Budinger still uses his second-round status as motivation, but this summer, with a roster spot locked up, he's working on his pick-and-roll game and getting to the rim to draw fouls.
While Budinger looks like a second-round find, it's now Hill who has to prove himself after a lackluster rookie campaign in which he averaged 5.2 points and 3.7 boards per game, not exactly numbers expected out of the No. 8 overall pick in the draft.
But there is precedent for Rockets fans to get excited about. Hill struggled as a freshman on the outskirts of Arizona's rotation until the very end of the season, averaging 4.7 and 4.1
He came back as a sophomore with a jumper (which he lacked altogether as a freshman) and a refined post game and went out and averaged 13.2 and 7.9. As a junior he dominated the Pac-10 to the tune of 18.3 and 11.0.
Hill said he's working on "everything" this summer, and if his college career is any indication, the Rockets could have a pair of contributing Wildcats in their rotation next season.
Michael Schwartz is a regular contributor to the Daily Dime.
9. Learning A New Role
Toney Douglas is a summer league giant. Those who have towered over the Vegas skyline before him have ranged from NBA flameouts (Marcus Banks has a one-game summer league average of 42 points per game) to all strains of the league regular, but Douglas seems much more the latter than the former. In a way, Toney is a more sensible version of former Vegas standout Nate Robinson. He may lack Nate's off-the-charts athleticism and general shtick, but he's a far more successful defender and an explosive scorer.
Summer league is a bit funny in that it can turn NBA role players into main attractions. Douglas fits that bill because, skilled though he may be, he's not exactly glowing from within. He's simply an intelligent and effective defender with a knack for scoring and, while he's here in Vegas, putting up a lot of shots. In this setting, it's Douglas that plays the role of creator, whether it's executing a nice drive-and-kick to one of the Knicks' perimeter shooters or launching an ill-advised 3 off the bounce.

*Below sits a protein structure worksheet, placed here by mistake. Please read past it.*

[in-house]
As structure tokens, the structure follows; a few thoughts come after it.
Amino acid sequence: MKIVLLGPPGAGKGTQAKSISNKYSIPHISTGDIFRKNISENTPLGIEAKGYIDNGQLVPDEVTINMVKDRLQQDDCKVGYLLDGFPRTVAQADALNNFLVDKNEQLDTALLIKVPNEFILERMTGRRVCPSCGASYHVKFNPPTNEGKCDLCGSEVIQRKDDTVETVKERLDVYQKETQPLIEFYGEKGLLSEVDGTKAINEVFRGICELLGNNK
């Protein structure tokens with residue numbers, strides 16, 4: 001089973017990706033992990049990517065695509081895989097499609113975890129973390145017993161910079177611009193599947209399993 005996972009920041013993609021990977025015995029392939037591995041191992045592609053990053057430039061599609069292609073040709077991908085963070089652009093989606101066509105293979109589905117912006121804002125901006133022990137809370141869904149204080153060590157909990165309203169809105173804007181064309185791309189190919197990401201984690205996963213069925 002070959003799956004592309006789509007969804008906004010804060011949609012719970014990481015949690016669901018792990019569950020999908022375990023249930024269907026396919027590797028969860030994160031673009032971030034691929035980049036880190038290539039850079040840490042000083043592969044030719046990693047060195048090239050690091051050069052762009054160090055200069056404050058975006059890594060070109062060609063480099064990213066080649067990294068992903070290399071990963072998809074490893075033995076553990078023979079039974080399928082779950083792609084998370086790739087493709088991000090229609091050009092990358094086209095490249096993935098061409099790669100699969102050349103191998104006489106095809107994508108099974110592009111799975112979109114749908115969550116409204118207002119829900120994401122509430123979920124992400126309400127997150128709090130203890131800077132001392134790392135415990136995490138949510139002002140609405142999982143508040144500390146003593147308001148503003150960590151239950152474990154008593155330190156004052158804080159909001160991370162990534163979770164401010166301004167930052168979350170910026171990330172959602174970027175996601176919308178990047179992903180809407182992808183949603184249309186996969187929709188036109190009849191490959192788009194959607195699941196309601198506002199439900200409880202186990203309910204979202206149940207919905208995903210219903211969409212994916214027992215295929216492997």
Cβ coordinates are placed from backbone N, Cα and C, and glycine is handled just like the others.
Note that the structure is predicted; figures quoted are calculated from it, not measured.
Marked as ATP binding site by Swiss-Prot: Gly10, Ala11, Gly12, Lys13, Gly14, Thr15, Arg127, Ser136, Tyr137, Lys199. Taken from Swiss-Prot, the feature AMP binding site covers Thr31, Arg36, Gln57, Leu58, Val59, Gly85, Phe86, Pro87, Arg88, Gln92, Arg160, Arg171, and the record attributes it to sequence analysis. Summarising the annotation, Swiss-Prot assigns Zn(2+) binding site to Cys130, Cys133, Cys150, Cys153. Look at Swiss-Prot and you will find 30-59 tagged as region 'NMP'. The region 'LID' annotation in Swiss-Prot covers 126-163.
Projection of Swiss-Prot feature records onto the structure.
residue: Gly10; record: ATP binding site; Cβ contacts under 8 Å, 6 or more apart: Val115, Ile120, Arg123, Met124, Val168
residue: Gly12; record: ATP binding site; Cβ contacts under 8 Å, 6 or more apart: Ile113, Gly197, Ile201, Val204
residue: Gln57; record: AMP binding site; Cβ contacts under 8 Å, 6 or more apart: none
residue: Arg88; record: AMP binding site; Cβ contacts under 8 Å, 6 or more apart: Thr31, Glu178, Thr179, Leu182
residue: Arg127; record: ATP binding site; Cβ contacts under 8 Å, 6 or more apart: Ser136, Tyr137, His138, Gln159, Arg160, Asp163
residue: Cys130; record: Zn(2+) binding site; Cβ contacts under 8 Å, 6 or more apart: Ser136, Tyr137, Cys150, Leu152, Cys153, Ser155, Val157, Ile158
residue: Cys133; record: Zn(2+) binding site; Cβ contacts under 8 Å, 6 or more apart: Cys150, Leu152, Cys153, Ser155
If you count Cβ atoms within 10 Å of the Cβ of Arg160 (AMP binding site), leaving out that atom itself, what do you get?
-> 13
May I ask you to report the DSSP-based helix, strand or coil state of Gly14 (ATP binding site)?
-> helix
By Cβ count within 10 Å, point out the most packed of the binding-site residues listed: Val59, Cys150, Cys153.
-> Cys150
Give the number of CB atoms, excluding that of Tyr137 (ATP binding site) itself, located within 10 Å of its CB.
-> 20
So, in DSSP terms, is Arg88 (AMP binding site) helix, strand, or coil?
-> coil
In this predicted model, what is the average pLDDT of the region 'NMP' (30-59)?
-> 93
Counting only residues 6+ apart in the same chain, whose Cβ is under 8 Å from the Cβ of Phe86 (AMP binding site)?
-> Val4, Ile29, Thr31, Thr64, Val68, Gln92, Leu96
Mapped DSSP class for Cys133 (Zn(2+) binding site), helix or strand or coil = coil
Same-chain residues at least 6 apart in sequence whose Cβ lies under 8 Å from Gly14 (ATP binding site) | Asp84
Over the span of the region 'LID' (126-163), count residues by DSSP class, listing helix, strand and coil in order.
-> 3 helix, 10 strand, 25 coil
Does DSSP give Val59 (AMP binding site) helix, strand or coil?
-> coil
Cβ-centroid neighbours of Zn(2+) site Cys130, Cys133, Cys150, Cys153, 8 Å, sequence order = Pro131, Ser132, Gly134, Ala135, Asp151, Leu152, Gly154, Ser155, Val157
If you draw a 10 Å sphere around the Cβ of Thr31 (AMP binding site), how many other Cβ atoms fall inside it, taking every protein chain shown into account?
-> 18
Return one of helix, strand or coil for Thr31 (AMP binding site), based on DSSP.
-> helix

It's that offensive liberty that allowed Douglas to put up 20 shots in 34 minutes, a mark he didn't hit once last season with the far faster and far more talented big league Knicks. The game is just different when Douglas is asked to carry it, and you know what? It's glorious. A Douglas pick-and-roll may never be depicted on the ceiling of the Sistine Chapel, but that doesn't mean it isn't good enough for a box of Wheaties. OK, maybe off-brand Wheaties.
Douglas has a natural feel for scoring, and while that's not always the most attractive skill for an NBA point guard, it clearly works to his advantage. He dropped 27 points on the Nuggets in his 2010 summer league debut, while also using the mere threat of his offense to generate five assists. Douglas might not be a cookie-cutter point guard, but the fully baked product is just as delicious.
Rob Mahoney is a regular contributor to the Daily Dime.